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Black Fungus among children below 18 years: Here’s the details on symptoms and treatment

The guidelines for the management of COVID-19 in children below 18 years have been released by the Directorate General of Health Services (DGHS) along with the guidelines for the management of Mucormycosis/black fungus disease in children.

According to the government, Mucormycosis is a serious fungal disease seen in patients with underlying/predisposing factors such as immunosuppression, poorly controlled diabetes mellitus (especially diabetic ketoacidosis), misuse/overuse of steroids, cancer, organ/stem cell transplantation, and those under prolonged ICU treatment.

It usually happens through inhalation of fungal spores present in dust/air and it is not contagious; presentation is variable but usually occurs in the third week after onset of COVID-19 symptoms.

The government advice not to wait for culture results to initiate therapy as mucormycosis is an emergency. Early complete surgical debridement is the cornerstone of treatment and may be repeated as required.

Mucormycosis/black fungus disease Signs and symptoms:

Rhino-cerebral mucormycosis

Facial pain, pain over sinuses, periorbital swelling

Conjunctival injection or chemosis, blurring of vision/diplopia

Paraesthesia/decreased sensation over half of face

Blackish discolouration of the skin over nasolabial groove/alae nasi; nasal crusting and nasal discharge which could be blackish, or blood-tinged

Loosening of teeth, pain in teeth and gums

Discolouration (pale) of palate/turbinates insensitive to touch, eschar over the palate

Worsening of respiratory symptoms, haemoptysis, and chest pain; headache, alteration of consciousness and seizures etc.

Gastro-intestinal Mucormycosis

Symptoms and signs are very non-specific and mimic other gastrointestinal (GI) conditions but have a progressively worsening course

Unexplained feed intolerance, abdominal distension, GI bleeding in a child with several risk factors (shock, vasopressors, broad-spectrum antibiotics)

Persistent elevation of serum lactate in the absence of haemodynamic instability, liver dysfunction or other known causes

Mucormycosis treatment as per the guidelines:

Conventional Amphotericin B (deoxycholate) as a prolonged IV infusion through a central venous catheter or PICC; closely monitor kidney function and electrolytes during treatment

– Reconstitute in water for injection, and dilute in 5% dextrose (do not use normal saline/Ringer’s lactate); start with test dose: 1 mg IV infusion over 20-30 min

– Loading dose: 0.25–0.5 mg/kg IV infused over 2-6 hours; gradually increase by 0.25 mg-increments/day to reach maintenance dose: 1–1.5 mg/kg/day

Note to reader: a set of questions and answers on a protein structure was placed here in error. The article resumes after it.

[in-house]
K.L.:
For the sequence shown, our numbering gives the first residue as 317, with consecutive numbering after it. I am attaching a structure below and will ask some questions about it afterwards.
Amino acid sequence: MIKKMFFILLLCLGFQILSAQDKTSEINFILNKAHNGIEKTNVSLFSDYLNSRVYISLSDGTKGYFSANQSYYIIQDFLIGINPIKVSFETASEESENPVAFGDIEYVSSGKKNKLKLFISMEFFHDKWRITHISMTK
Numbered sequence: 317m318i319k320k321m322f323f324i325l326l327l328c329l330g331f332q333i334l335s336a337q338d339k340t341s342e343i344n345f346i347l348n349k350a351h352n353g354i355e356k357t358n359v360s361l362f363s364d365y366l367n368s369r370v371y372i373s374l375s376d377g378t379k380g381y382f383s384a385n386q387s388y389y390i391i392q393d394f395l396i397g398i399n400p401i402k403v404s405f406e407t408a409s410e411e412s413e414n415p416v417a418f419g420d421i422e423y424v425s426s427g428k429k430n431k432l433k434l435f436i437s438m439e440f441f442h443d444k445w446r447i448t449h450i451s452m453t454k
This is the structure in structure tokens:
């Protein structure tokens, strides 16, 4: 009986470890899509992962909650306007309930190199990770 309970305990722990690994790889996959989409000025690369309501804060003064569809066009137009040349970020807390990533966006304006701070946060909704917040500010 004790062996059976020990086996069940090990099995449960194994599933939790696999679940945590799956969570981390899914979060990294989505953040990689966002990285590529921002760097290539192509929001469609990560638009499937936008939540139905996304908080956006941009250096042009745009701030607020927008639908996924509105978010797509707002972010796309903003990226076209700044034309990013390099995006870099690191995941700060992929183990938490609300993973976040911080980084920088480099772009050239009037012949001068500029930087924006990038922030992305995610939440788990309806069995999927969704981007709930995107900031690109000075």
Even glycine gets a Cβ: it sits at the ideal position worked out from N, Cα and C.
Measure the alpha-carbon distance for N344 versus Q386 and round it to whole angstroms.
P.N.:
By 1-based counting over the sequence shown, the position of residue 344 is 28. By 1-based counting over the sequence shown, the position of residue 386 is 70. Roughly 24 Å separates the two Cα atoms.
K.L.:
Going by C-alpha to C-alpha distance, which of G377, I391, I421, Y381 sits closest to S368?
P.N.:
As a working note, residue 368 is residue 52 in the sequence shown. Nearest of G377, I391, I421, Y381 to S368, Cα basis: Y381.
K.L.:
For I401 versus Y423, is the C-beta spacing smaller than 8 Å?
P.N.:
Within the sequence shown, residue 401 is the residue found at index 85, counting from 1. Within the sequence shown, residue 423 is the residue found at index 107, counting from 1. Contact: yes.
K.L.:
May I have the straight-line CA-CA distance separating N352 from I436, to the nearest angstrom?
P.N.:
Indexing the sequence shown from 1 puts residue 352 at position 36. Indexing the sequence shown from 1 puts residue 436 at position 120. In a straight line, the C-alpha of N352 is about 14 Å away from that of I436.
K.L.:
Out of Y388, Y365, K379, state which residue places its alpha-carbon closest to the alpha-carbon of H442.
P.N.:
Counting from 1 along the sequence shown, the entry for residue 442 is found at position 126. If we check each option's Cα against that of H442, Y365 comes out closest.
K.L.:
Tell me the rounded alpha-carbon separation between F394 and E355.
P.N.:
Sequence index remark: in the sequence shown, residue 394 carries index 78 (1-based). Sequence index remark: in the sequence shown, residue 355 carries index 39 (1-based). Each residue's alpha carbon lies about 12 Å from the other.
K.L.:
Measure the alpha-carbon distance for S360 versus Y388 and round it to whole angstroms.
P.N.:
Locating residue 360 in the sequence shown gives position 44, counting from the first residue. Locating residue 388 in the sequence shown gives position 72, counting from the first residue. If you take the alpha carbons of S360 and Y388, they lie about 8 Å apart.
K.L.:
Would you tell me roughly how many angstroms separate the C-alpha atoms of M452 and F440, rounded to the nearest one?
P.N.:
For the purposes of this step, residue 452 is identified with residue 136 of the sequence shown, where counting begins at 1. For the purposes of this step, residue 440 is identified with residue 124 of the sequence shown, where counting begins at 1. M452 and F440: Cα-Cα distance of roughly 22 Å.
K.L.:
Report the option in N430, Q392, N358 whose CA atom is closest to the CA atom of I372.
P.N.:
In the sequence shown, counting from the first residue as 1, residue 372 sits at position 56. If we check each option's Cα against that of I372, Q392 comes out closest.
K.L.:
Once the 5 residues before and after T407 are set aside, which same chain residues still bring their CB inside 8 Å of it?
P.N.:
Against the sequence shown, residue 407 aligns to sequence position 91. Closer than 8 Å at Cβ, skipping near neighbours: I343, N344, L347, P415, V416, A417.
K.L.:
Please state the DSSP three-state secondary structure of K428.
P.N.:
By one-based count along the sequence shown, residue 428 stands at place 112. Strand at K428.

Liposomal Amphotericin B or Amphotericin lipid complex: Prolonged infusion over 2–3 hours through a central venous catheter or PICC and closely monitoring KFT and electrolytes

Reconstitute in water for injection, and dilute in 5% dextrose (do not use normal saline/Ringer’s lactate); start full dose from the first day; 5 mg/kg/day (10 mg/kg/day in case of CNS involvement)

Continue till a favourable response is achieved which may take 3-6 weeks following which step down to oral Posaconazole (delayed-release tablets, children ≥3 years and adolescents ≤17 years: 5-7 mg/kg/dose twice daily on day 1, followed by 5 to 7 mg/kg/dose daily) or Isavuconazole (not approved below 18 years of age, however, if required to be given, the dose for weight >30kg: 200 mg 1 tablet 3 times daily for 2 days followed by 200 mg daily, <30kg: half the dose for >30 kg children) may have to be taken for a prolonged period as per the advice of paediatrician, the DGHS guidelines said.

Posaconazole should be given as salvage therapy in cases who cannot be given Amphotericin B

Injection IV

Children <11 years: Loading dose: 7-12 mg/kg/dose IV twice on the first day and maintenance dose: 7-12 mg/kg IV once a day, starting on second day (max: 300 mg/dose)

Adolescents: 300 mg IV twice on the first day and maintenance dose 300 mg IV once a day, starting on the second day

Oral delayed-release tablets (100 mg) and Oral Suspension (for infants and smaller children) to be administered with fatty food:

Oral delayed-release tablets: Children 7 to 12 years – Initial dose should be 200 mg/dose thrice daily and maximum dose can be 800 mg/day

Adolescents: 300 mg/dose twice on day 1, followed by 300 mg/dose once daily.

Oral suspension (for infants and children) as syrup in a strength of 40 mg/ml. The recommended dose for children with body weight <34 kg is 4.5 to 6 mg/kg/dose 4 times daily.

Maximum dose 800 mg/day: For those children and adolescents with body weights >34 kg the dose is 200 mg/dose 3 times daily (maximum 200 mg 4 times a day).